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Four Non-Surgical Treatment Options for Trigger Finger

Four Non-Surgical Treatment Options for Trigger Finger

Does your finger feel like it catches or briefly locks when you bend it? Or do you have palm pain near the bottom of a finger? If so, you may have a trigger finger.

Our orthopedic team at Cascade Orthopedics & Sports Medicine Center, P.C., specializes in healing wrist and hand pain, including providing non-surgical treatments for trigger fingers.

However, it’s essential to know that your chances of success with non-surgical treatment improve the earlier you seek help. Waiting until you must manually unbend the finger or it gets stuck in a bent position reduces the effectiveness of non-surgical care.

About trigger finger

The tendons that bend your fingers are surrounded by a tube-shaped lining (sheath) and supported by a network of soft tissues called pulleys that hold the tendon close to the finger bones.

The tendon should glide smoothly through the sheath as you bend and straighten your fingers. But when the tendon, sheath, or pulley becomes inflamed or thickened, the tendon loses mobility, and trigger finger begins.

The tissues progressively thicken, and moving your finger becomes more difficult without treatment.

As the tendon struggles to move, the sheath tries to overcome the problem by producing more lubricating fluid. Unfortunately, the extra fluid adds pressure, making it hard for the tendon to move. 

Trigger finger symptoms

In addition to the sensation of locking during finger movement and difficulty bending and straightening your finger, you may have other symptoms, including:

Pain

Many people have pain or tenderness in their palms at the base of the affected finger. You may only feel pain when you press against your palm or grip objects.

Lump

As your trigger finger progresses, you may develop a lump at the base of your finger. The lump is usually caused by swelling in the tendon. A cyst may develop in some cases.

Stiffness and loss of movement

Stiffness and difficulty moving the finger increase. Finger movement may cause pain, and over time, you may be unable to straighten the finger.

If your finger stays bent for an extended time, ligaments associated with the injured finger shorten and tighten, further limiting finger movement.

Trigger finger risk factors

Your chances of developing a trigger finger increase if you engage in repetitive squeezing or gripping hand movements. Repeated movements put excessive stress on the tendons, leading to the inflammation and thickening responsible for trigger finger.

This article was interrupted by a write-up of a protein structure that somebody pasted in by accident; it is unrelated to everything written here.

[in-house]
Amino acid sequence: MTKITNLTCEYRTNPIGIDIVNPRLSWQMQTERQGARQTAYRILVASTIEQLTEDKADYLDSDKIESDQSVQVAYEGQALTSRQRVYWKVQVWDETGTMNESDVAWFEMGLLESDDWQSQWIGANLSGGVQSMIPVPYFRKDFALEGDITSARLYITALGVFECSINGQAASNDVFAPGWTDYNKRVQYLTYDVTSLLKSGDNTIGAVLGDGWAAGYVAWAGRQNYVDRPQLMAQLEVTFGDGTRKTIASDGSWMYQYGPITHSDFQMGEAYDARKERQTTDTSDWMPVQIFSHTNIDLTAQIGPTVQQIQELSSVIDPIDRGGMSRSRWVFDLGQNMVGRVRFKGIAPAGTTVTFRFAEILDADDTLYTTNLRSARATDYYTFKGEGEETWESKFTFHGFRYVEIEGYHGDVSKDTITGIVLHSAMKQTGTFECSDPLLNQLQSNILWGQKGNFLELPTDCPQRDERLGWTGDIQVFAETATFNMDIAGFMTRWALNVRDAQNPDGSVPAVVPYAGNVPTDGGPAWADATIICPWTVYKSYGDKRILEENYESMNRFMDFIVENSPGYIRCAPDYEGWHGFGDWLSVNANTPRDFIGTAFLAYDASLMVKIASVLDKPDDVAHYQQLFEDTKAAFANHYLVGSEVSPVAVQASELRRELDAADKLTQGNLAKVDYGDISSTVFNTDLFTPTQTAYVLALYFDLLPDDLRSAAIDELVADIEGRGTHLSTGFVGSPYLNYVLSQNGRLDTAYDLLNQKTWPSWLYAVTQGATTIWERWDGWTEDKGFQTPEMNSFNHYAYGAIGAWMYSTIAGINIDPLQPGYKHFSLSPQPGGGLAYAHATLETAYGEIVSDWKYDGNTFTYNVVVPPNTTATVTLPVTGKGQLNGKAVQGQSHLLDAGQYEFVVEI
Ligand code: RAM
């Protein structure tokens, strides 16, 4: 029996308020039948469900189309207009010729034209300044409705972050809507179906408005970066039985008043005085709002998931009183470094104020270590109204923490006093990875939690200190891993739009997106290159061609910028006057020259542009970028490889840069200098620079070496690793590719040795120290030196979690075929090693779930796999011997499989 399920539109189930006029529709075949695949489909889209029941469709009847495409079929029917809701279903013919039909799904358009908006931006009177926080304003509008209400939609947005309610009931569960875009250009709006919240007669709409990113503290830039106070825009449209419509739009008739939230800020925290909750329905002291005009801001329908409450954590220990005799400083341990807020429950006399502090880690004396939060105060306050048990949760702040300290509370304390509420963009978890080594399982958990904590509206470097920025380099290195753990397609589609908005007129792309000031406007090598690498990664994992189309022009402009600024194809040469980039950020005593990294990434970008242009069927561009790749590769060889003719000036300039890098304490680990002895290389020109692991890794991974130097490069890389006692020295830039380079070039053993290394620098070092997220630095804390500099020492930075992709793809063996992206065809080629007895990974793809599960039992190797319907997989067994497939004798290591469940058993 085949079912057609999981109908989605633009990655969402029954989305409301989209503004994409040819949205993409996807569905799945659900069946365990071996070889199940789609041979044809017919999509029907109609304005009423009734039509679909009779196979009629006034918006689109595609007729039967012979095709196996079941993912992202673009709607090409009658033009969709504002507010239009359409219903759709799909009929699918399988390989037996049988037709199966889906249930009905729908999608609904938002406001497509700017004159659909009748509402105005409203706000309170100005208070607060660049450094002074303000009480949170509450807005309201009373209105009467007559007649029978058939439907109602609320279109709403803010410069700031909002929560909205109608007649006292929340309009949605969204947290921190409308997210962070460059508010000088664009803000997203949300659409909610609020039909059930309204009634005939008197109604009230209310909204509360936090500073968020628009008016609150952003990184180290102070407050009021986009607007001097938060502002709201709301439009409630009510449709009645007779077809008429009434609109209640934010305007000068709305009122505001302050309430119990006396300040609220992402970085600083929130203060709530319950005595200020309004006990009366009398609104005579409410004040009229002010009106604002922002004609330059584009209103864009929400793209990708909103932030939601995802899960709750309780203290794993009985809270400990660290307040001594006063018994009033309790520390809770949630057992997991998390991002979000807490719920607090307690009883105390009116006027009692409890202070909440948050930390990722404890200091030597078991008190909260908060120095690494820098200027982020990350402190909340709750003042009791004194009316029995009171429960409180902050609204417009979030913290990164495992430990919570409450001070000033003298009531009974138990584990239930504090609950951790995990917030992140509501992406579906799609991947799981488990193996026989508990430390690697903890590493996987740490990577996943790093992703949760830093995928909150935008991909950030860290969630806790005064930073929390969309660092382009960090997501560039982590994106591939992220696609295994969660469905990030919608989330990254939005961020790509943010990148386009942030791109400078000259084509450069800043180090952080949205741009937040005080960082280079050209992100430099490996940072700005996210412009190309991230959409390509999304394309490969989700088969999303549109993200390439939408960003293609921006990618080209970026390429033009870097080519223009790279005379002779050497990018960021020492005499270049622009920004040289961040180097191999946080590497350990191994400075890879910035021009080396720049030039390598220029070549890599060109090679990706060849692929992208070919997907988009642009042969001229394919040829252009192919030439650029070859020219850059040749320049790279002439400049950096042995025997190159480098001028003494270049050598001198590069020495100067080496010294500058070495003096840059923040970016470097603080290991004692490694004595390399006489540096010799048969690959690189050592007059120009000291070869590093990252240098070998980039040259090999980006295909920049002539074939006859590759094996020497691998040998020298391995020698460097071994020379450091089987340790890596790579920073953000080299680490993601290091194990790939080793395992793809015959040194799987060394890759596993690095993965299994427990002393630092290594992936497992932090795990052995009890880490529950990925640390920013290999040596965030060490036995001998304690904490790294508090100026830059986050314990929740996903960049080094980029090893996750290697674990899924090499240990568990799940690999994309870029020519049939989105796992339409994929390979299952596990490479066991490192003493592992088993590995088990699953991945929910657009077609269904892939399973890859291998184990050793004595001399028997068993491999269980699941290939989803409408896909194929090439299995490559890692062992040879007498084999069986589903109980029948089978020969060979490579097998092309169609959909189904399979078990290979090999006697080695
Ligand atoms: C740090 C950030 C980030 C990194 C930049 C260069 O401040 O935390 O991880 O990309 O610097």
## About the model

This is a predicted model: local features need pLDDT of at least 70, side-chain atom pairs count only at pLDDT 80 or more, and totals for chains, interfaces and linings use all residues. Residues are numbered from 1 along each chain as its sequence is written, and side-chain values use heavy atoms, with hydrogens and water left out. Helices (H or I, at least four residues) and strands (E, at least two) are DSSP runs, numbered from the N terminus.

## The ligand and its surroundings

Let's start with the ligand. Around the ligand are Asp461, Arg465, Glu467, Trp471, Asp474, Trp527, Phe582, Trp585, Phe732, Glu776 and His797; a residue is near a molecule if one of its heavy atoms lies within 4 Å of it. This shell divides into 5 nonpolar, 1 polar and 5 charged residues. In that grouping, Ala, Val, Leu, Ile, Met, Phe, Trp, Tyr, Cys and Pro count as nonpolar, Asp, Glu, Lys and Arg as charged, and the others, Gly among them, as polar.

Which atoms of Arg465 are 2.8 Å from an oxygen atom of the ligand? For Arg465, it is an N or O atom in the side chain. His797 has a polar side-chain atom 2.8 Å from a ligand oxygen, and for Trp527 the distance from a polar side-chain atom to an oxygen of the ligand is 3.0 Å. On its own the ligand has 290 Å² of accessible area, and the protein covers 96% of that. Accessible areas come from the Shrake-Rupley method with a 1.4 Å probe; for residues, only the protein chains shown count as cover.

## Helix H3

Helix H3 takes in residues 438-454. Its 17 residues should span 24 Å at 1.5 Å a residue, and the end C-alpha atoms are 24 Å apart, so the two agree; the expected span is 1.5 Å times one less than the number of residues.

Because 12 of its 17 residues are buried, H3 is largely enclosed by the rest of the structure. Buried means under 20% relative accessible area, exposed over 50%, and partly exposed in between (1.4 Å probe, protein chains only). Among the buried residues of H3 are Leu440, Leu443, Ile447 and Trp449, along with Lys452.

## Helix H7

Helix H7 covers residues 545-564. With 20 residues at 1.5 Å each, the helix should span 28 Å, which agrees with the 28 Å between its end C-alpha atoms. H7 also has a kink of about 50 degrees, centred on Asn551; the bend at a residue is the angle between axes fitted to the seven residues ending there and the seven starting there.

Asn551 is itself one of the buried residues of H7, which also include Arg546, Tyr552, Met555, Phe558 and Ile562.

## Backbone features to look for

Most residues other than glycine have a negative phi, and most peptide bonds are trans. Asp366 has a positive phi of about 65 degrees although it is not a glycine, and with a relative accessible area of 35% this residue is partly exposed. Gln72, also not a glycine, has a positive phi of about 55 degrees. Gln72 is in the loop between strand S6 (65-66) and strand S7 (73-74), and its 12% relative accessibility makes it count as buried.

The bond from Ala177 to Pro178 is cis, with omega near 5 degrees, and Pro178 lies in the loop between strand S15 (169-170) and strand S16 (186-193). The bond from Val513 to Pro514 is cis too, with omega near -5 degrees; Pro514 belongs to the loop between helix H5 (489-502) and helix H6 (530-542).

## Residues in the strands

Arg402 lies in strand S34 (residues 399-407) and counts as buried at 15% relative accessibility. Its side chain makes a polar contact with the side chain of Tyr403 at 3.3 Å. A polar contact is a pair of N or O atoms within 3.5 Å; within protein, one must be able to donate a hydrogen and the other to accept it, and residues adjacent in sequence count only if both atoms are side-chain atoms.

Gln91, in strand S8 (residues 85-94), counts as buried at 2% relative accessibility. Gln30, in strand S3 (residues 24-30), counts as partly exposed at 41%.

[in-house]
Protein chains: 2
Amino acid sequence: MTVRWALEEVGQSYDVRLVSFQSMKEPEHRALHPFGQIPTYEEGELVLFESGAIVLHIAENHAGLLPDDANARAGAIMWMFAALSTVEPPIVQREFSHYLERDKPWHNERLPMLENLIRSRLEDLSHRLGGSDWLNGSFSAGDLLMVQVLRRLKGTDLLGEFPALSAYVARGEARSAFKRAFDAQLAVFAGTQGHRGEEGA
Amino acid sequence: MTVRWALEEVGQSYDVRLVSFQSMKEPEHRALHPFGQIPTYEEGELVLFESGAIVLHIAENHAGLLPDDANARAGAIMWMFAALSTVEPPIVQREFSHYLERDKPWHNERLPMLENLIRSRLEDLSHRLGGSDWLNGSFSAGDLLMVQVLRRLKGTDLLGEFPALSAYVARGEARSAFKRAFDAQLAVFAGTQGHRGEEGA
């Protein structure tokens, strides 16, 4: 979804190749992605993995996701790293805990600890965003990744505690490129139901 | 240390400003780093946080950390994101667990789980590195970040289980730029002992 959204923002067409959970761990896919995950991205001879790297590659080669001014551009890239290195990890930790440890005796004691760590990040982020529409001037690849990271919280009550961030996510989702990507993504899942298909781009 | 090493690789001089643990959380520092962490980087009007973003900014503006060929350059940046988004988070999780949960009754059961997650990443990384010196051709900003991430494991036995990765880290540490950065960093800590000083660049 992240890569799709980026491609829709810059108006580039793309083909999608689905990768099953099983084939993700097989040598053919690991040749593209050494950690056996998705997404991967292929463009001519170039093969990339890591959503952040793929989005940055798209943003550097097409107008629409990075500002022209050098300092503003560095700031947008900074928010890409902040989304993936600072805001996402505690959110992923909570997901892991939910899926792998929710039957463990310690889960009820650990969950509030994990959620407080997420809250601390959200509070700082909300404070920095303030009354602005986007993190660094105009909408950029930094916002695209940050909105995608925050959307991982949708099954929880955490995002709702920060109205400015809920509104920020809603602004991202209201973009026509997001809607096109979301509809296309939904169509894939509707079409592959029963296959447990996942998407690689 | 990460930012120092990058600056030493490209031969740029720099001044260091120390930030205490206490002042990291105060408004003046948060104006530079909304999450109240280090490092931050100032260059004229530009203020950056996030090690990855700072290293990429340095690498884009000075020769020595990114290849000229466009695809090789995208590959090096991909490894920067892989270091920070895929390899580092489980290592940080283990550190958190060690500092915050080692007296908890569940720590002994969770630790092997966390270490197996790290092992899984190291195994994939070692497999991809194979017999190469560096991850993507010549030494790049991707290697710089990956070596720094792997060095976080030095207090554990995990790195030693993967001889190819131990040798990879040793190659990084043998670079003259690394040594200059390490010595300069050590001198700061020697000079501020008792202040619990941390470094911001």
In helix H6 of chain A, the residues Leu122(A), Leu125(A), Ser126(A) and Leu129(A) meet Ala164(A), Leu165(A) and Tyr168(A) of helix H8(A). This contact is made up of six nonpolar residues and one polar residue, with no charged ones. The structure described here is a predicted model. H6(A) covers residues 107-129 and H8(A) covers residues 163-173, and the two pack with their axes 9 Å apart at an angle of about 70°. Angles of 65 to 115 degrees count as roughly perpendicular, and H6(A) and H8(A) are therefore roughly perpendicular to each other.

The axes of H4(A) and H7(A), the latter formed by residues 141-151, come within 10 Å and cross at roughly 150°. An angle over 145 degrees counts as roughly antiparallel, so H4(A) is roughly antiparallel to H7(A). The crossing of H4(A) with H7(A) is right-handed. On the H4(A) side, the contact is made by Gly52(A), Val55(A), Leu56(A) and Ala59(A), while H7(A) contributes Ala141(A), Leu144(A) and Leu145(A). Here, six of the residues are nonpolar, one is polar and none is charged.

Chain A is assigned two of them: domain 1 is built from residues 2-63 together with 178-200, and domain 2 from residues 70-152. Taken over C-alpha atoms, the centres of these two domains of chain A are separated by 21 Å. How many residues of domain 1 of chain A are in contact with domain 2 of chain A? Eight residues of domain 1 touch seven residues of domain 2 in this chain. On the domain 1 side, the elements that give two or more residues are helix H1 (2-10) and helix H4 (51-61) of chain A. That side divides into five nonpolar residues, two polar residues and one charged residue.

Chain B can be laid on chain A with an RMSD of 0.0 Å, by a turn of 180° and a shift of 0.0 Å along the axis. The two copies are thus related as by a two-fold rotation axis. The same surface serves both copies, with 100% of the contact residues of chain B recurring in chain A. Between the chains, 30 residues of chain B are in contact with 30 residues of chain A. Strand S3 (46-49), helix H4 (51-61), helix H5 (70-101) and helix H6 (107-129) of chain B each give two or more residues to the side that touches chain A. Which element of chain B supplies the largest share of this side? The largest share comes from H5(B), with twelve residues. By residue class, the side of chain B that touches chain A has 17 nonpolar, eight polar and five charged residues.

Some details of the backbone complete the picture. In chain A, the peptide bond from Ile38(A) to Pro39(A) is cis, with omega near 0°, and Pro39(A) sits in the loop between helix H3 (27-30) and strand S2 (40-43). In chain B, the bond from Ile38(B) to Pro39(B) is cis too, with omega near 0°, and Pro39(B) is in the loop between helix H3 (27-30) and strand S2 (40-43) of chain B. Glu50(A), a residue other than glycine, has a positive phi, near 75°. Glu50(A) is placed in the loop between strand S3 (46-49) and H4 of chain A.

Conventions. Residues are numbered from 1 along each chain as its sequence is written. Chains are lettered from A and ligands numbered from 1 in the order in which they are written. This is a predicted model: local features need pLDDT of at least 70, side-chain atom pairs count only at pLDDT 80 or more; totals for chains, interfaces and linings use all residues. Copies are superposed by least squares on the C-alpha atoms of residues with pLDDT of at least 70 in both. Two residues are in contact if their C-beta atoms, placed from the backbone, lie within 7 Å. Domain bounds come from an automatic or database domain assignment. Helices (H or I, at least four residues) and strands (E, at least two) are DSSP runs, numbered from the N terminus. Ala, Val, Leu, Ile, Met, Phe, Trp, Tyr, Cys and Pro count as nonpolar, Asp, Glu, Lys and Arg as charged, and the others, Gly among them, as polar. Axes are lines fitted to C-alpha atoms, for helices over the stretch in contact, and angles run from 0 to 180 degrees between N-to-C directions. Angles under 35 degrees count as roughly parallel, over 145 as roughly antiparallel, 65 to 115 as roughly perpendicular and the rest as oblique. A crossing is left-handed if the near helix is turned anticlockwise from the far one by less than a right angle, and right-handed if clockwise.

We can recommend ways to prevent a trigger finger if you have a job, hobby, or play sports that demand repetitive or prolonged gripping.

Medical conditions like diabetes, rheumatoid arthritis, gout, and hypothyroidism also increase your risk for trigger finger. The best way to prevent trigger finger is to get treatment and follow an exercise regimen that supports your hand and finger movement.

Non-surgical treatments for trigger finger

Non-surgical treatments often heal a trigger finger, especially when treatment begins before finger movement stops. We recommend one or more of the following:

Rest and splinting

Avoiding activities that require you to bend the finger is essential. You may rest the finger by being aware of how you use your hand and gripping with other fingers. However, you may need a finger splint to hold the finger in a straight position.

Exercise therapy

We teach gentle stretching exercises to improve movement and decrease stiffness.

Anti-inflammatory medications

Nonsteroidal anti-inflammatory drugs (NSAIDs) like acetaminophen can ease your pain and reduce inflammation.

Corticosteroid injections

Injecting corticosteroids into the tendon sheath is often the first line of treatment, depending on the severity of your symptoms. Corticosteroids are potent anti-inflammatory medications with the potential to cure a trigger finger.

We may recommend a second corticosteroid treatment if the first one doesn’t help. But if the finger doesn’t improve after the second injection, the next step is surgery to release the tendon.

Connect with the Cascade Orthopedics & Sports Medicine Center, P.C. team at the first sign of a trigger finger. Call the Hood River or The Dalles, Oregon, office or request an appointment online.

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